More Bridges and Tunnels
As we moved along there were more bridges and tunnels. After the first few bridges we got the knack of crossing them. One should never look below through the gaps. On long ones, one should avoid looking up to see how much more there is to go. At one bridge there was sand on the sleepers. At another there was a trolley right in the middle and we had to walk around it along the edge of the bridge. The scariest one however was a very tall and long one with some sleepers missing. We had to carefully get down to the girder on the side where the sleepers were missing and get back on to the sleepers. After doing this part I thought I'd conquered all fear and even took my camera out while standing on the bridge. But as I focused on the stream below, I got the shivers. I quickly snapped a few shots without looking into the viewfinder and carried on. The tunnels were not scary at all. The longest one was about half a kilometre long. They are totally dark and the long ones are full of bats. The bats didn't bother us much but they do raise a stink.
We reached Yedukumeri at 1:30 pm, covering 18 km in 6 hours. After a quick lunch, we started off at 2:00 pm to the highway. Two guys at the station said we could go with them. Apparently there was a truck going to the highway soon. We were soon busy planning the rest of the day in Mangalore. After we followed them on the track and crossed two scary bridges, we asked them where the truck was. Just 5 km away they said and we'd have to cross a few bridges and tunnels to get there.
The Long Trek to Gundya
The 18 km trek to Yedukumeri had exhausted us and after assuming that the trek was over, we weren't prepared to cross bridges again. This stretch was a nightmare. We had to find our way through tall elephant grass and bridges were more numerous, rickety and some had creaking, rotten sleepers. The guys leading us were very fast and it was hard to keep up with them. After a while we were crossing bridges fast without worrying too much. The stretch also had some flooded tunnels and we had to take a few detours. The guys leading us surprisingly didn't need torches in the dark tunnels. Mohan and the guys also spotted a snake along the way. Luckily it was in a clearing and was spotted easily. At 4:30 pm we reached a site about 7 km from Yedukumeri where gauge conversion was on. Mohan had counted 50 bridges in all (from Donigal).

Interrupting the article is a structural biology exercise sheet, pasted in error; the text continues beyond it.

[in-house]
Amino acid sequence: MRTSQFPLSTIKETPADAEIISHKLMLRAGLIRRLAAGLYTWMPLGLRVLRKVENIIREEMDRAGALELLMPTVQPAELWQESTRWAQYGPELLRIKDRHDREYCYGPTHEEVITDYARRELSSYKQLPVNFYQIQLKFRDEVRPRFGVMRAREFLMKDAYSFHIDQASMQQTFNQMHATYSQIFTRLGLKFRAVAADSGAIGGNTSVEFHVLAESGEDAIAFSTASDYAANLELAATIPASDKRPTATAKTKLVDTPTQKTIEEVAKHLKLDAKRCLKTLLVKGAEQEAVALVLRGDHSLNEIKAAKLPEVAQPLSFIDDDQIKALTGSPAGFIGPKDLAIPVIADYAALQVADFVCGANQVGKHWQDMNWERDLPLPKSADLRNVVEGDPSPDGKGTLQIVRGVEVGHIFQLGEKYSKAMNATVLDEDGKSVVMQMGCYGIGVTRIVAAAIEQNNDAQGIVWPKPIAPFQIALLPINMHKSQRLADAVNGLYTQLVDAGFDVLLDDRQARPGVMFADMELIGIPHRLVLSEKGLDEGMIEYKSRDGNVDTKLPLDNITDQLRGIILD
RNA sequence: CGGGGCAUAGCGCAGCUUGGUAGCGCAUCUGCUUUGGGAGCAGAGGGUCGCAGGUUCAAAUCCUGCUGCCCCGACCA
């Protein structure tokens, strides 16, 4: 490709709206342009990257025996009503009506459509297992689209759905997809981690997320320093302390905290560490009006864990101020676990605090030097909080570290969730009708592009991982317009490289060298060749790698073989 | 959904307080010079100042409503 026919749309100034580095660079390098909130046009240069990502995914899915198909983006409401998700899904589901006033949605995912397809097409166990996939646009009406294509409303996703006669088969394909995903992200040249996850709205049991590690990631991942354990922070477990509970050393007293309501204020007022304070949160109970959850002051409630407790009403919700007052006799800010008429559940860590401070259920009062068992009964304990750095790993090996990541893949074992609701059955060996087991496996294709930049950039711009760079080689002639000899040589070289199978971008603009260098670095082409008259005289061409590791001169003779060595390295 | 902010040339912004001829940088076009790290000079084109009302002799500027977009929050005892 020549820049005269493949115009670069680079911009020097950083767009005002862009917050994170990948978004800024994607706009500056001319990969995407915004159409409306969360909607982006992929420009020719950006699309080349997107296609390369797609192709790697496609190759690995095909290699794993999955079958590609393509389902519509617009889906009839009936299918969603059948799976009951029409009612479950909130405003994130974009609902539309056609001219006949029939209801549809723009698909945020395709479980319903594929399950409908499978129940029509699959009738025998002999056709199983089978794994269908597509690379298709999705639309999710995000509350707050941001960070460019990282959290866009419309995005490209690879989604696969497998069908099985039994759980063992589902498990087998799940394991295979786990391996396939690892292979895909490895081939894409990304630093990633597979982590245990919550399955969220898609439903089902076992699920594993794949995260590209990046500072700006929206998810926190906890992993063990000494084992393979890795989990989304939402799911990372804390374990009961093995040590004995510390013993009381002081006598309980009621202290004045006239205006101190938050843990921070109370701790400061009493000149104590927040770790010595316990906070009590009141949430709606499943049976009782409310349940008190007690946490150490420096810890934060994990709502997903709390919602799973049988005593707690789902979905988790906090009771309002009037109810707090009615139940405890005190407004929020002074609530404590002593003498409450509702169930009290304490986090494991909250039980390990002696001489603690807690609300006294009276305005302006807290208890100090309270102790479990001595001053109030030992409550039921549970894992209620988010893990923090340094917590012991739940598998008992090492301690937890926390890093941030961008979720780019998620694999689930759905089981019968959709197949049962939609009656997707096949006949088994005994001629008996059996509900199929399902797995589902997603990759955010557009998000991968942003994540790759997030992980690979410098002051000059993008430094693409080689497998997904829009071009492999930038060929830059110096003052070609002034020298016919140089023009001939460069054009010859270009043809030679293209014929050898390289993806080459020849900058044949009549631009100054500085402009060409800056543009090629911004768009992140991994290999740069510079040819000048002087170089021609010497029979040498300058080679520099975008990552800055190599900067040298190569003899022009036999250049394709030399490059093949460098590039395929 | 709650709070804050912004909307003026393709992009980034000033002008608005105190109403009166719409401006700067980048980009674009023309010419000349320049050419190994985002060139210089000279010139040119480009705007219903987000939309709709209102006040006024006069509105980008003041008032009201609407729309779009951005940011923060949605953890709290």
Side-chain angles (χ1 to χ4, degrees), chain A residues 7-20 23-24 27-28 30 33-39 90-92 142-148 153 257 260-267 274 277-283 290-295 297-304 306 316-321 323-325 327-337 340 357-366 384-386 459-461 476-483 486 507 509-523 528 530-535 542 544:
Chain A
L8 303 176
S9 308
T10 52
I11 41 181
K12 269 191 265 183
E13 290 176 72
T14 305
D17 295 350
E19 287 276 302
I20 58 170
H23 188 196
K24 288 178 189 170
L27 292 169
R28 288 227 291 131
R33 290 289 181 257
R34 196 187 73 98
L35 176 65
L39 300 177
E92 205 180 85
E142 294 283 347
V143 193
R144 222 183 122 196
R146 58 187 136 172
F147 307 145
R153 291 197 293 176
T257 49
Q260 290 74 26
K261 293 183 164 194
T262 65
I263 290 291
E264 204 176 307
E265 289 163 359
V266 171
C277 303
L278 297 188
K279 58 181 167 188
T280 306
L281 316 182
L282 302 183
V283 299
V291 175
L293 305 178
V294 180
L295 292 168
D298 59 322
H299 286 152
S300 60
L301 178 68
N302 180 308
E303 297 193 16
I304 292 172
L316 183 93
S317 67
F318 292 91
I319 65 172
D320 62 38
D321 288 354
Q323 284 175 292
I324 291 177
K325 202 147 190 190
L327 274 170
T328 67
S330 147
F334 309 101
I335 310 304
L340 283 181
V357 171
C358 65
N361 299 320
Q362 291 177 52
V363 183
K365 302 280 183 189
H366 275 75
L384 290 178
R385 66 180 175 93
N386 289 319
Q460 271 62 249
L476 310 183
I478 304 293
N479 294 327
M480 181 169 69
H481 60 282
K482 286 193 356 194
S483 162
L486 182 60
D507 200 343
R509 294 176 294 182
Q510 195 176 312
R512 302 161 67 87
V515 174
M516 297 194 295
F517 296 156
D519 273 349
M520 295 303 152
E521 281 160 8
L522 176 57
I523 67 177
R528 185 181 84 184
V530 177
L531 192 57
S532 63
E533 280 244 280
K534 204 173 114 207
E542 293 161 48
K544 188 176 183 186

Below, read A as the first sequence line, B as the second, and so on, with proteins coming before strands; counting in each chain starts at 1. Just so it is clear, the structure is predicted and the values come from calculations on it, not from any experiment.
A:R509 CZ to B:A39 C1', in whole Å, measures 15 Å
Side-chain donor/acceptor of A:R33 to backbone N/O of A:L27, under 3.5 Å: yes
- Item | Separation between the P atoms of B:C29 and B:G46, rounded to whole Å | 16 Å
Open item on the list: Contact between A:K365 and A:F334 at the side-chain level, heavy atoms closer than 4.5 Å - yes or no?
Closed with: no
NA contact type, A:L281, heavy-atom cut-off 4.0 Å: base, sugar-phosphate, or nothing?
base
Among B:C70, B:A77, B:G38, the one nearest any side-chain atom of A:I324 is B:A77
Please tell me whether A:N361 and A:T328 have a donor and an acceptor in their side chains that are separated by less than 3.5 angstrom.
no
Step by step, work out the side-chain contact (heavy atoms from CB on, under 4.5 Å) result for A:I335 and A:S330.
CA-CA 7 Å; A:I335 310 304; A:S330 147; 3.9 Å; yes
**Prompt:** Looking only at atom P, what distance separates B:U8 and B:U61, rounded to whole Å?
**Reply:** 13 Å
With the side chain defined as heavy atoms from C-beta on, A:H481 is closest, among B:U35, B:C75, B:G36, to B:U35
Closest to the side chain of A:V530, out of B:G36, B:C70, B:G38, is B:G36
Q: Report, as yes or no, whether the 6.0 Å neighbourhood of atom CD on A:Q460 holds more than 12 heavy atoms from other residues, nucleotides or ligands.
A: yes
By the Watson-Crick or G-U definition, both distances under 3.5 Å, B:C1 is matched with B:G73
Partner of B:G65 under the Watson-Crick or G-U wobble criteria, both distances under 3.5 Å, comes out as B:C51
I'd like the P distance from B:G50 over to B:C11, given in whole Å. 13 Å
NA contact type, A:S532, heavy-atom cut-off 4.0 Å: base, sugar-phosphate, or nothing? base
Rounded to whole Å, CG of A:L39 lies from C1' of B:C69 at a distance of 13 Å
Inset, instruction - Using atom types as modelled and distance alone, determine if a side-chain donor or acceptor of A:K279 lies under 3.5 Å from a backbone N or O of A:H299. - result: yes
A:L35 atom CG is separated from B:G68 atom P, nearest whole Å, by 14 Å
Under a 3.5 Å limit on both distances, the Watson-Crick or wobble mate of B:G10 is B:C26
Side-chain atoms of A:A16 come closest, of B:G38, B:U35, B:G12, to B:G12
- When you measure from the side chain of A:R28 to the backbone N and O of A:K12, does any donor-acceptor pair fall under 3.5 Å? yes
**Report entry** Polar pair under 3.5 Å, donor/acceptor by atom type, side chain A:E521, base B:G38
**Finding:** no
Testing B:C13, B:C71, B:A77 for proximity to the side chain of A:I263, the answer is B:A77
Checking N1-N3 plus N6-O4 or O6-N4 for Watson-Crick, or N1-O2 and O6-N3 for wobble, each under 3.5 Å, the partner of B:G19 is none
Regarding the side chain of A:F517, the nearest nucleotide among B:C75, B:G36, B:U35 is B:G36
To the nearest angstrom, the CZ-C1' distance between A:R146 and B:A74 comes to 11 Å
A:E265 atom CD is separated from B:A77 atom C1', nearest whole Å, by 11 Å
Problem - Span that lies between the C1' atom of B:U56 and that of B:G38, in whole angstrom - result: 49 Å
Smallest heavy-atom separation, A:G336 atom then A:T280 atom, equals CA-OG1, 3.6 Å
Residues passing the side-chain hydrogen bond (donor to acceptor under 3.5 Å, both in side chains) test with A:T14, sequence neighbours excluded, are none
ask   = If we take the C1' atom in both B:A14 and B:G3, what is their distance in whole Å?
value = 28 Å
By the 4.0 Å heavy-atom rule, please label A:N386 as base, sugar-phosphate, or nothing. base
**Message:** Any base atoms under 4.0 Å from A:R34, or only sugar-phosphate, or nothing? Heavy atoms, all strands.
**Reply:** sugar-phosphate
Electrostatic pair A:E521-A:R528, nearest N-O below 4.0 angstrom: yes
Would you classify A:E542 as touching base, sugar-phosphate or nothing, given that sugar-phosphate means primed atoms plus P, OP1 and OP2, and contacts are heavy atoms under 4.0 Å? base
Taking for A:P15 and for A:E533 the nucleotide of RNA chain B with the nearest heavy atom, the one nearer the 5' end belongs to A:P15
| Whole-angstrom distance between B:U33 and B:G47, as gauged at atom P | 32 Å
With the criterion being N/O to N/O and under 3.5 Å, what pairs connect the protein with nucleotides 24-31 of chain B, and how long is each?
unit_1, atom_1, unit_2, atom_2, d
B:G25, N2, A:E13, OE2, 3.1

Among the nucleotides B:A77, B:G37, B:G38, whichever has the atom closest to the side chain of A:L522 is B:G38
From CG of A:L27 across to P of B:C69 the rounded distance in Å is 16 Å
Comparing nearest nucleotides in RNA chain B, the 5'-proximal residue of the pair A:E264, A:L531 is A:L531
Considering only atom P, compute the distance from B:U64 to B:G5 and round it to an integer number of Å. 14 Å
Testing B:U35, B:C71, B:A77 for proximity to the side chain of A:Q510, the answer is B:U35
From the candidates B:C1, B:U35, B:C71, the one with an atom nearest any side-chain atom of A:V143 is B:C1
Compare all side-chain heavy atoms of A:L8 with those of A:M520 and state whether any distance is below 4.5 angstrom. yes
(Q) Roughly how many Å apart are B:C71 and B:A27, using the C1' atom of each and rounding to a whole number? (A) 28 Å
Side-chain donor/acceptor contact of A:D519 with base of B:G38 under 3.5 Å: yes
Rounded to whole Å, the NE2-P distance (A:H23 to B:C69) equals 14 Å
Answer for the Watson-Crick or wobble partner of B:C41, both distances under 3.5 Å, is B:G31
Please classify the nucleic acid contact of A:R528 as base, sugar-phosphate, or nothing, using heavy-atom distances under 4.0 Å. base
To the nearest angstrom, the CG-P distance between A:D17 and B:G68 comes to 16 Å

When we finally reached the work site at Gundya, we lost sight of the two guys and the truck left without us. All our hopes of going down to Mangalore for a well deserved rest were dashed. At the camp we were told that there were two options to reach Gundya. A decent road that the lorries took was 10 km long. There was a 3 km shortcut trail through dense woods that was very steep. This trail also had a stream towards the end that would be neck deep in water when dam upstream opened its gates. We were too tired to walk any further and we were told that elephants roam the jungles along both routes. We thought we'd take shelter in one of the tunnels for the night. We didn't have any bed sheets or warm clothing for the night. Luckily for us, the railway contractor, one Mr. Ankaiah Naidu was a benevolent man. He arranged a good dinner for us and put us up in a thatched hut with very comfortable beds. Workers told us that he does this often for stranded trekkers. May his tribe increase! We slept well that night.
The Highway, Finally
The next morning, we thanked Mr. Naidu and took ride on one of his tipper lorries that was going down to Gundya. It was a bumpy ride along the newly cut out road though the forest. After about 5 km, a tree that had fallen blocked the path. Attempts to pull the trunk out of the way using the truck failed. Luckily a jeep had come from the other direction. Both vehicles turned back after exchanging passengers. We reached Gundya at 11:00 am and finally got bus that got us to Bangalore by 5:30 pm.
An enjoyable hike, but I wouldn't recommend this to anyone with a fear of heights. I don't think I'll walk across railway bridges again.
A conversation between Mr. Naidu and another man that Ramu overheard:
"Where are these guys from?"
"Did they come here all the way to walk on the tracks??"
"Yeah. They like the scenery here."
"Oh. When the tracks are ready they can just take the train and avoid the walk."